Items in AFP with MESH term: Delivery of Health Care
Behavioral Change Counseling in the Medical Home - Graham Center Policy One-Pagers
Working in a Toxic Environment - Editor's Page
Primary Care for Refugees - Article
ABSTRACT: Over the past decade, at least 600,000 refugees from more than 60 different countries have been resettled in the United States. The personal history of a refugee is often marked by physical and emotional trauma. Although refugees come from many different countries and cultures, their shared pattern of experiences allows for some generalizations to be made about their health care needs and challenges. Before being accepted for resettlement in the United States, all refugees must pass an overseas medical screening examination, the purpose of which is to identify conditions that could result in ineligibility for admission to the United States. Primary care physicians have the opportunity to care for members of this unique population once they resettle. Refugees present to primary care physicians with a variety of health problems, including musculoskeletal and pain issues, mental and social health problems, infectious diseases, and longstanding undiagnosed chronic illnesses. Important infectious diseases to consider in the symptomatic patient include tuberculosis, parasites, and malaria. Health maintenance and immunizations should also be addressed. Language barriers, cross-cultural medicine issues, and low levels of health literacy provide additional challenges to caring for this population. The purpose of this article is to provide primary care physicians with a guide to some of the common issues that arise when caring for refugee patients.
Cultural Aspects of Caring for Refugees - Medicine and Society
Caring for Latino Patients - Article
ABSTRACT: Latinos comprise nearly 16 percent of the U.S. population, and this proportion is anticipated to increase to 30 percent by 2050. Latinos are a diverse ethnic group that includes many different cultures, races, and nationalities. Barriers to care have resulted in striking disparities in quality of health care for these patients. These barriers include language, lack of insurance, different cultural beliefs, and in some cases, illegal immigration status, mistrust, and illiteracy. The National Standards for Culturally and Linguistically Appropriate Services address these concerns with recommendations for culturally competent care, language services, and organizational support. Latinos have disproportionately higher rates of obesity and diabetes mellitus. Other health problems include stress, neurocysticercosis, and tuberculosis. It is important to explore the use of alternative therapies and belief in traditional folk illnesses, recognizing that health beliefs are dependent on education, socioeconomic status, and degree of acculturation. Many—but not all—folk and herbal treatments can be safely accommodated with conventional therapy. Physicians must be sensitive to Latino cultural values of simpatia (kindness), personalismo (relationship), respeto (respect), and modestia (modesty). The LEARN technique can facilitate cross-cultural interviews. Some cultural barriers may be overcome by using the “teach back” technique to ensure that directions are correctly understood and by creating a welcoming health care environment for Latino patients.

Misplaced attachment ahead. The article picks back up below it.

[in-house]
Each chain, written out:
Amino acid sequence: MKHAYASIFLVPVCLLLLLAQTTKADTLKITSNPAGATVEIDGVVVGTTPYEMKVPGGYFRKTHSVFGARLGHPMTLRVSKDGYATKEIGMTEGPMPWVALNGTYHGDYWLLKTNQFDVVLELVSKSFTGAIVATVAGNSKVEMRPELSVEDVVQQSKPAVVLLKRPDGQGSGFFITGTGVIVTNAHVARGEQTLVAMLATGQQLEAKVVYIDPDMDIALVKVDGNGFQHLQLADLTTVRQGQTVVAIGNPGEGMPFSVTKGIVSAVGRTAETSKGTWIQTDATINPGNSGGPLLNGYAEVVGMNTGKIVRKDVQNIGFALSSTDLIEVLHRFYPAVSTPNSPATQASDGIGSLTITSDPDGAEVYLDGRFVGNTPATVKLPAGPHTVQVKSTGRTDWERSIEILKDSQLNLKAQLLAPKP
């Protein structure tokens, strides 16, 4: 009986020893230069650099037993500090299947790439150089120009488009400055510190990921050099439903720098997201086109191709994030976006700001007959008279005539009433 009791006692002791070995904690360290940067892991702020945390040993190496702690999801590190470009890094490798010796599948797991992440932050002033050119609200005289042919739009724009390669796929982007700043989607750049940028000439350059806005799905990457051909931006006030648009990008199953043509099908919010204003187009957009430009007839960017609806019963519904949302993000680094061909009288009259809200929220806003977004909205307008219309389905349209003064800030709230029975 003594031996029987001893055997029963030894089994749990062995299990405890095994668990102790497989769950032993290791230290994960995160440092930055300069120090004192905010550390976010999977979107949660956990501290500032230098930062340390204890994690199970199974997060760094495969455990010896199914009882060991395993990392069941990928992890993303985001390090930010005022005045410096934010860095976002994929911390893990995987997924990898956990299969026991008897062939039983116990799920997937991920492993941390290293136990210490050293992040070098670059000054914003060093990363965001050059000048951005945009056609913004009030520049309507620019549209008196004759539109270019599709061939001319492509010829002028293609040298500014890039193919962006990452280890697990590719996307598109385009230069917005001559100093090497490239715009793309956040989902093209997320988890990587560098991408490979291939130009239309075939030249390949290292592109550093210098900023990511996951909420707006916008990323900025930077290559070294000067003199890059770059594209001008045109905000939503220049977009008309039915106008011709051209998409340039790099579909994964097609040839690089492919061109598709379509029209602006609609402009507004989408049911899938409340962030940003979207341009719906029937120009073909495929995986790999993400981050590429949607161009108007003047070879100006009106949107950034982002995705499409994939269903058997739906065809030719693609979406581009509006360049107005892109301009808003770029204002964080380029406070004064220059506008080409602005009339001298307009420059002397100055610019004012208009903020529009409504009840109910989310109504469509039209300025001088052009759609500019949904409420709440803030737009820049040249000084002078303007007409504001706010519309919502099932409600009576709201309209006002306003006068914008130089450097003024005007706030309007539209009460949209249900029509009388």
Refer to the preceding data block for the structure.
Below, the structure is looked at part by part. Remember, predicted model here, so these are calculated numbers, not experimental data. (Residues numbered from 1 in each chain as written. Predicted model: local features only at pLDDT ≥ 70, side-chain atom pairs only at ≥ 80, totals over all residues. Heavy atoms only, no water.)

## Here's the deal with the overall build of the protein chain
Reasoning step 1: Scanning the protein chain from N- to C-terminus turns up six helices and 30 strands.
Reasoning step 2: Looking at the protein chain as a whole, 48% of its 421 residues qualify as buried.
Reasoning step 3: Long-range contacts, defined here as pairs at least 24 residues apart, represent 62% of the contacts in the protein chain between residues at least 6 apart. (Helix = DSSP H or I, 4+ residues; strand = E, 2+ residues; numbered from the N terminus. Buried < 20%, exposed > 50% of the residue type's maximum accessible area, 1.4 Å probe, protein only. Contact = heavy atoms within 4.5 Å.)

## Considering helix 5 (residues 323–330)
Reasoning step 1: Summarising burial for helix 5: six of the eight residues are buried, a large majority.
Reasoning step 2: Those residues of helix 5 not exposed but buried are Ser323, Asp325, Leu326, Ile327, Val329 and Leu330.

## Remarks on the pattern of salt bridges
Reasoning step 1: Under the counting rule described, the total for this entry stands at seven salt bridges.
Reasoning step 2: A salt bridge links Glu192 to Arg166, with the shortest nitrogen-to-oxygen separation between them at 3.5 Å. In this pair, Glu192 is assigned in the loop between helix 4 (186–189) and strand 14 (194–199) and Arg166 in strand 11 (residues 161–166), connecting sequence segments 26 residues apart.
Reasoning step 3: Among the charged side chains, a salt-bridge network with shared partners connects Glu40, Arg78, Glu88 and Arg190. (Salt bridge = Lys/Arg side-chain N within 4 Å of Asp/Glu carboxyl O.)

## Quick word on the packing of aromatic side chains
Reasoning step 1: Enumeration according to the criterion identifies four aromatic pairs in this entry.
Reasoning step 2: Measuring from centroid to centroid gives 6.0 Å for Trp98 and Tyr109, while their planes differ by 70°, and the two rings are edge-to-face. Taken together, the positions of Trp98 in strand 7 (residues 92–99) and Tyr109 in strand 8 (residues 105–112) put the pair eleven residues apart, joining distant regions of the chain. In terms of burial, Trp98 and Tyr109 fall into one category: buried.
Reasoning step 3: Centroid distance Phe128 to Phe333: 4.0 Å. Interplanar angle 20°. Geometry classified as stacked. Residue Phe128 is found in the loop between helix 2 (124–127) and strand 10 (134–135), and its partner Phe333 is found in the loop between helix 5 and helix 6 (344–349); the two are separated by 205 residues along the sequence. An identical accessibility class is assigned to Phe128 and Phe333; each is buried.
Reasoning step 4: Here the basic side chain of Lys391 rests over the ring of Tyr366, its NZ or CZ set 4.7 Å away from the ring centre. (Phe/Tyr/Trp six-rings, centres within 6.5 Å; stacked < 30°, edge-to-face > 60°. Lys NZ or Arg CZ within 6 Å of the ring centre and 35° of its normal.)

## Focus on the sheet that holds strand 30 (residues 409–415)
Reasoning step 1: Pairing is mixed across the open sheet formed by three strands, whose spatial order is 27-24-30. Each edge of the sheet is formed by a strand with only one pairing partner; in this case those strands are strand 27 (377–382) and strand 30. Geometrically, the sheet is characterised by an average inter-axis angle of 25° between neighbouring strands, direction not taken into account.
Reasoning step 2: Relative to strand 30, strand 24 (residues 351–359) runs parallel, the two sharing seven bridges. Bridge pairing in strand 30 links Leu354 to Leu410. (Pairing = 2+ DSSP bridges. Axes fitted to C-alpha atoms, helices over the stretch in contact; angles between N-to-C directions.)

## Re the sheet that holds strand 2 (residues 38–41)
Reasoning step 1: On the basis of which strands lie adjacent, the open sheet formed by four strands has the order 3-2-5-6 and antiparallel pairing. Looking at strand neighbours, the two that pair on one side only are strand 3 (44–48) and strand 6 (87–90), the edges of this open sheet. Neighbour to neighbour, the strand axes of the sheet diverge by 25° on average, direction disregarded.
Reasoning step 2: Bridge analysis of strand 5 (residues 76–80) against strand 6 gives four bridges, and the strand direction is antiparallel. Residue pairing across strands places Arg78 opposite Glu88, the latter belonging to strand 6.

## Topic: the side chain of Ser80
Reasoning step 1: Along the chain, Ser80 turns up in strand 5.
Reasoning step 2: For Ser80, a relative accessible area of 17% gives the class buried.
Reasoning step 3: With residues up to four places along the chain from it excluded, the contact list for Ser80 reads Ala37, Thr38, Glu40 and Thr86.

Improving America's Health Requires Community-Level Solutions: Folsom Revisited - Graham Center Policy One-Pagers
Care of the Homeless: An Overview - Article
ABSTRACT: Homelessness affects men, women, and children of all races and ethnicities. On any given night, more than 610,000 persons in the United States are homeless; a little more than one-third of these are families. Homeless persons are more likely to become ill, have greater hospitalization rates, and are more likely to die at a younger age than the general population. The average life span for a homeless person is between 42 and 52 years. Homeless children are much sicker and have more academic and behavioral problems. Insufficient personal income and the lack of affordable housing are the major reasons for homelessness. Complex, advanced medical problems and psychiatric illnesses, exacerbated by drug and alcohol abuse, in combination with the economic and social issues (such as the lack of housing and proper transportation) make this subset of the population a unique challenge for the health care system, local communities, and the government. An integrated, multidisciplinary health care team with an outreach focus, along with involvement of local and state agencies, seems best suited to address the components needed to ensure quality of care, to help make these patients self-sufficient, and to help them succeed. Family physicians are well suited to manage the needs of the homeless patient, provide continuity of care, and lead these multidisciplinary teams.